The latest controversy from PAS paints the picture of a party beset with confusion.
Zaharudin Muhammad, an ordinary PAS member except for the fact that he is the son in law of PAS President Abdul Hadi Awang, recently listed out five names/pseudonyms/initials as being members of a “dedak cartel.”
Dedak is the Malay word for animal feed, and Prime Minister Tun Dr Mahathir Mohammad most recently popularised the term when describing the feudal nature of Umno politics, in the run up to GE14.
The implication was that these politicians were being fed like farm animals by their masters, and thus simply did their bidding, without care for principle or integrity.
The big revelation from earlier this year was that it was indeed the voice of PAS central committee member Nik Abduh Nik Aziz — son of the late Nik Aziz Nik Mat — on a recording which described how even the very top leaders of PAS had taken money from Umno.
Nik Abduh, who had earlier denied that it was him in the recording, eventually admitted it was him — saying that that Hadi and the PAS leadership had “insisted” that he lie about it.
This statement was met with great derision, with an endless list of politicians calling attention to how PAS was now apparently a party that condoned bald faced lies, and thus could not be trusted in the least.
This latest revelation by Zaharudin now complicates matters even more. There are some who speculate that the “KH” he names is none other than Hadi’s own son, Khalil Hadi.
If this were true, did Hadi authorise his son-in-law to out his son? This is some Game of Thrones level drama.
At the heart of all this controversy is the question of what relationship PAS really wants with Umno.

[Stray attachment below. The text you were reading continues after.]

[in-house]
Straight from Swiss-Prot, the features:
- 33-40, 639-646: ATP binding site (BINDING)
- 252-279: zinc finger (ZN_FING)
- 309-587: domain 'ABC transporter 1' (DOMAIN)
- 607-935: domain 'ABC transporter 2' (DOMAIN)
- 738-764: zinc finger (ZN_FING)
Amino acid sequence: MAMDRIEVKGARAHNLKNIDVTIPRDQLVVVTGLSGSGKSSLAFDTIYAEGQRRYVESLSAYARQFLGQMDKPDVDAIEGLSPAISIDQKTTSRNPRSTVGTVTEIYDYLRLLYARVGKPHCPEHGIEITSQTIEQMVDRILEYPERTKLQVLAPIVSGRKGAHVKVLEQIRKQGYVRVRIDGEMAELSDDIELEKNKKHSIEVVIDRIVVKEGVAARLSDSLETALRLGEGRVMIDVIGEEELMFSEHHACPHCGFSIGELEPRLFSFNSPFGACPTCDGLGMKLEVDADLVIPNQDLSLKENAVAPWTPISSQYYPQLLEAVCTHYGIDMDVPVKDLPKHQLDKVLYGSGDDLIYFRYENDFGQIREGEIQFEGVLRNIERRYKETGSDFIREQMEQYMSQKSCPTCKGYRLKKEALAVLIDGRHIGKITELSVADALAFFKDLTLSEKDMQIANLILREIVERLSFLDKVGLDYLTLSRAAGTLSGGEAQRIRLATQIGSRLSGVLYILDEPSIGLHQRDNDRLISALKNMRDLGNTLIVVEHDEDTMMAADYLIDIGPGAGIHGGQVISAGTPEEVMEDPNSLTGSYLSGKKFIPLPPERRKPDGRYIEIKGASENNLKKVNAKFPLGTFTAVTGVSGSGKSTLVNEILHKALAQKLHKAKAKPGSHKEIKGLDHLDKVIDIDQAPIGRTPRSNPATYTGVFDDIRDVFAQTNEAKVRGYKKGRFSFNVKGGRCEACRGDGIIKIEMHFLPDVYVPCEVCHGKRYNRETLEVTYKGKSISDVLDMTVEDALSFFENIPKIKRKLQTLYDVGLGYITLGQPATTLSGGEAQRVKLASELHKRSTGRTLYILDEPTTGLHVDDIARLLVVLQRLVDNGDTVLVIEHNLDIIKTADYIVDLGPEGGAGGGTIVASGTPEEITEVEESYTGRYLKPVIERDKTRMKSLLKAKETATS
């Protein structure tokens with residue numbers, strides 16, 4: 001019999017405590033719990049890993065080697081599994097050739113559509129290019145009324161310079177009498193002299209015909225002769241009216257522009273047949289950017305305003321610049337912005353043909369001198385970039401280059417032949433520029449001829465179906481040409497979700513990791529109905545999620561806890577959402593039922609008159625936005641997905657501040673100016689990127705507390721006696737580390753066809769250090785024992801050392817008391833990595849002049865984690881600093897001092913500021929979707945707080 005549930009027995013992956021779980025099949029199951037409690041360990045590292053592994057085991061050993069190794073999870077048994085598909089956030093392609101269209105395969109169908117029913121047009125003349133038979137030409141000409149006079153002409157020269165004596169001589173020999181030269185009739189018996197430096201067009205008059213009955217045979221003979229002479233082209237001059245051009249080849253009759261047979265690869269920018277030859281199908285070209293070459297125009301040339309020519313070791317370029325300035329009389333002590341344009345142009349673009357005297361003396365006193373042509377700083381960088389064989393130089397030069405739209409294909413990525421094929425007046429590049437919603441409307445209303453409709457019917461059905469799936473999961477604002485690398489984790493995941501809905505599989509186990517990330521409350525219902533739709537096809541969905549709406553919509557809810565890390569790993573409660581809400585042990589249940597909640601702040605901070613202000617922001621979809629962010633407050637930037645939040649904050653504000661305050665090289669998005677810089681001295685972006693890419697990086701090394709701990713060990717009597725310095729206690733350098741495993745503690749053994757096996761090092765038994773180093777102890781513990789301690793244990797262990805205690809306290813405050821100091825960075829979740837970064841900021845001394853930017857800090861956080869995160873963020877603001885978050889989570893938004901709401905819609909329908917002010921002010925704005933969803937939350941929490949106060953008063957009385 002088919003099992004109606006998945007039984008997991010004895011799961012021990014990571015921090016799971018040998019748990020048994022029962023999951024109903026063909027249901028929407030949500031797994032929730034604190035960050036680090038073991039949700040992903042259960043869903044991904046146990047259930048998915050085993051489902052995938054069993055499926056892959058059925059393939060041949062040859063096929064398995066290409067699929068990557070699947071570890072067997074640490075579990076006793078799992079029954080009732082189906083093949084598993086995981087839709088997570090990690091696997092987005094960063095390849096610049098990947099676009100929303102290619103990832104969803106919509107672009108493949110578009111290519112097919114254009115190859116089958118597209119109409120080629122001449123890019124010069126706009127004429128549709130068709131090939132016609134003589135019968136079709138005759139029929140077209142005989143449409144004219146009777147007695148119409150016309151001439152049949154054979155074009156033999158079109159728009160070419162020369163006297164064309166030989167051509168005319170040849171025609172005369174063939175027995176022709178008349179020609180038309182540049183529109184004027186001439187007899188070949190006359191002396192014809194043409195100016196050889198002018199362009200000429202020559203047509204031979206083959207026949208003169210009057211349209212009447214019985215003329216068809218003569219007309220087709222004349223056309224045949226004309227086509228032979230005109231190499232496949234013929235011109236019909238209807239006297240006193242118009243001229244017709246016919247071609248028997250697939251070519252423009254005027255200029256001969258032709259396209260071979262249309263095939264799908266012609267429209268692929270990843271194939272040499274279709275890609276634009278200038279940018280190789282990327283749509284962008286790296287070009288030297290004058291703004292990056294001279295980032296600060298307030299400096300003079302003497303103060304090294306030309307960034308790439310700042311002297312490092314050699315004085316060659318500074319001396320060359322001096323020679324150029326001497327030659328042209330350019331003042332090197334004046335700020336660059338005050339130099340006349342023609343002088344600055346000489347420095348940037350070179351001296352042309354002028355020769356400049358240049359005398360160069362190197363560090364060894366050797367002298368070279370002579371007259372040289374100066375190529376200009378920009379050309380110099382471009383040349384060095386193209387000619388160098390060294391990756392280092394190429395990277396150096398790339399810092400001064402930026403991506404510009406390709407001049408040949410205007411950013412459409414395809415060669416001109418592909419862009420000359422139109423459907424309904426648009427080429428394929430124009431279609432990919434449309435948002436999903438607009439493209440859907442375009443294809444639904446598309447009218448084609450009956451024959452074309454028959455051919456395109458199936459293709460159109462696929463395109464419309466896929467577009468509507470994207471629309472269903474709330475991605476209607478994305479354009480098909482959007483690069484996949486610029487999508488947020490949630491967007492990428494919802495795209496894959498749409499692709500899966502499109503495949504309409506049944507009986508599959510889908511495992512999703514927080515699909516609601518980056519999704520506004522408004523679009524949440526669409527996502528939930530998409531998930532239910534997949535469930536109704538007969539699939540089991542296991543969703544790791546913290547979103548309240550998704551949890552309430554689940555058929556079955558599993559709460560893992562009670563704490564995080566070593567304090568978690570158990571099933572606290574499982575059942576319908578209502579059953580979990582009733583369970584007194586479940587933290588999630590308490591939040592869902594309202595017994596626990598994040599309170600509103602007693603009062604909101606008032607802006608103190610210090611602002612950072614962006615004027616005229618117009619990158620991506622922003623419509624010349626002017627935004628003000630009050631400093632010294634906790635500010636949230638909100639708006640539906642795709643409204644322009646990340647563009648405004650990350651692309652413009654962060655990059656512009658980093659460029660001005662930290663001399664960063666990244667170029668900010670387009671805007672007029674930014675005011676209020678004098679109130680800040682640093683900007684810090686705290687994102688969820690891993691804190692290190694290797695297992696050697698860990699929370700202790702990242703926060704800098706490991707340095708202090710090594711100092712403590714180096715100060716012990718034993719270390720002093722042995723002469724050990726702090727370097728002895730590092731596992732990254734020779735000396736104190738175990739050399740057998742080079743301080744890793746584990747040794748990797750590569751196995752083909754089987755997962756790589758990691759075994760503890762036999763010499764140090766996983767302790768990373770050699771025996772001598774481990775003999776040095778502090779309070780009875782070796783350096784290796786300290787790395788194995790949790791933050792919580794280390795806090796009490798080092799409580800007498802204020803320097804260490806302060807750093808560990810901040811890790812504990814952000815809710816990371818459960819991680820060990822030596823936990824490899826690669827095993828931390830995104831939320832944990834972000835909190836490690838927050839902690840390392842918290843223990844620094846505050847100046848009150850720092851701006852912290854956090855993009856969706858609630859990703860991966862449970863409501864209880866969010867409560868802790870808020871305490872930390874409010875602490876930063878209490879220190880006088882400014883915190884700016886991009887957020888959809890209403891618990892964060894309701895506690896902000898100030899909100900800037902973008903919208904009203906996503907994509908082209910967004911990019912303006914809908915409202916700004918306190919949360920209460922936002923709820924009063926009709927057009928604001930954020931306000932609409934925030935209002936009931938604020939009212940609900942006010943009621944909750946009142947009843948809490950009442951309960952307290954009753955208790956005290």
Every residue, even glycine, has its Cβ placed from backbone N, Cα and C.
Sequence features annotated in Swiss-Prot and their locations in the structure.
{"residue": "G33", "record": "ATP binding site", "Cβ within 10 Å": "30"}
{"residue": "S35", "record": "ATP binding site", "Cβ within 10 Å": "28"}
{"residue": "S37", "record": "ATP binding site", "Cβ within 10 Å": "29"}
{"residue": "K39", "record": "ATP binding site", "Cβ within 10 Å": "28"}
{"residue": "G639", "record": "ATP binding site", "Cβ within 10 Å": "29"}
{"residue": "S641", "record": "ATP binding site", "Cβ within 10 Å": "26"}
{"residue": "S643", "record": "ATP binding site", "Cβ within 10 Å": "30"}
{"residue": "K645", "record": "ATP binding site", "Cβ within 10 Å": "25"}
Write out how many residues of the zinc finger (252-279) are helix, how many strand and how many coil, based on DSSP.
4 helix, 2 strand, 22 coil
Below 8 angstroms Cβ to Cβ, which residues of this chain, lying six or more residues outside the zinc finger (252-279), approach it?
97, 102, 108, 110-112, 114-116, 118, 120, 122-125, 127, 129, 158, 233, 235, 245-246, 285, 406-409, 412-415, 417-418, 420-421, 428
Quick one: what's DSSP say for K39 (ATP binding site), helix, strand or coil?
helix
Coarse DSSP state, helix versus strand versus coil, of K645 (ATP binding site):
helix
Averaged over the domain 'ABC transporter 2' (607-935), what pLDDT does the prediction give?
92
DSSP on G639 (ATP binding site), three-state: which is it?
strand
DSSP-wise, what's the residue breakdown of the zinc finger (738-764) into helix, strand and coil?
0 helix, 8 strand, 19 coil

The party seems to have gone back and forth on this question many times, especially after GE14.
Under Hadi and before GE14, there seemed to be a clear inclination of some sort of friendly ties between the two.
Since GE14, there are times when they seemed to get extremely close and cosy — to the point of marriage analogies. At other times, Hadi seemed to be cosying up to Mahathir instead, and keeping some sort of distance from Umno.
What does this latest revelation mean? Is it OK to take money from Umno, or is it not? If PAS is working closely with Umno, then what is the problem with taking money from Umno?
Amidst confusion upon confusion, perhaps it is time for the rank and file of PAS to really ask themselves who they are as a party, and what their core values are.
While the principle of adherence to party leadership is impressively strong in PAS, surely there must be some sort of limit. The fact that some PAS leaders are now actively telling PAS members to basically follow their leaders blindly is perhaps the surest sign that they have lost the plot.
Hadi’s political flip flopping stretches back well over a decade, and he ultimately has little to show for it. Perhaps it is time for more decisive leaders.
NATHANIEL TAN is director of media and communications at EMIR Research, a think tank focused on data-driven policy research, centred on principles of Engagement, Moderation, Innovation and Rigour.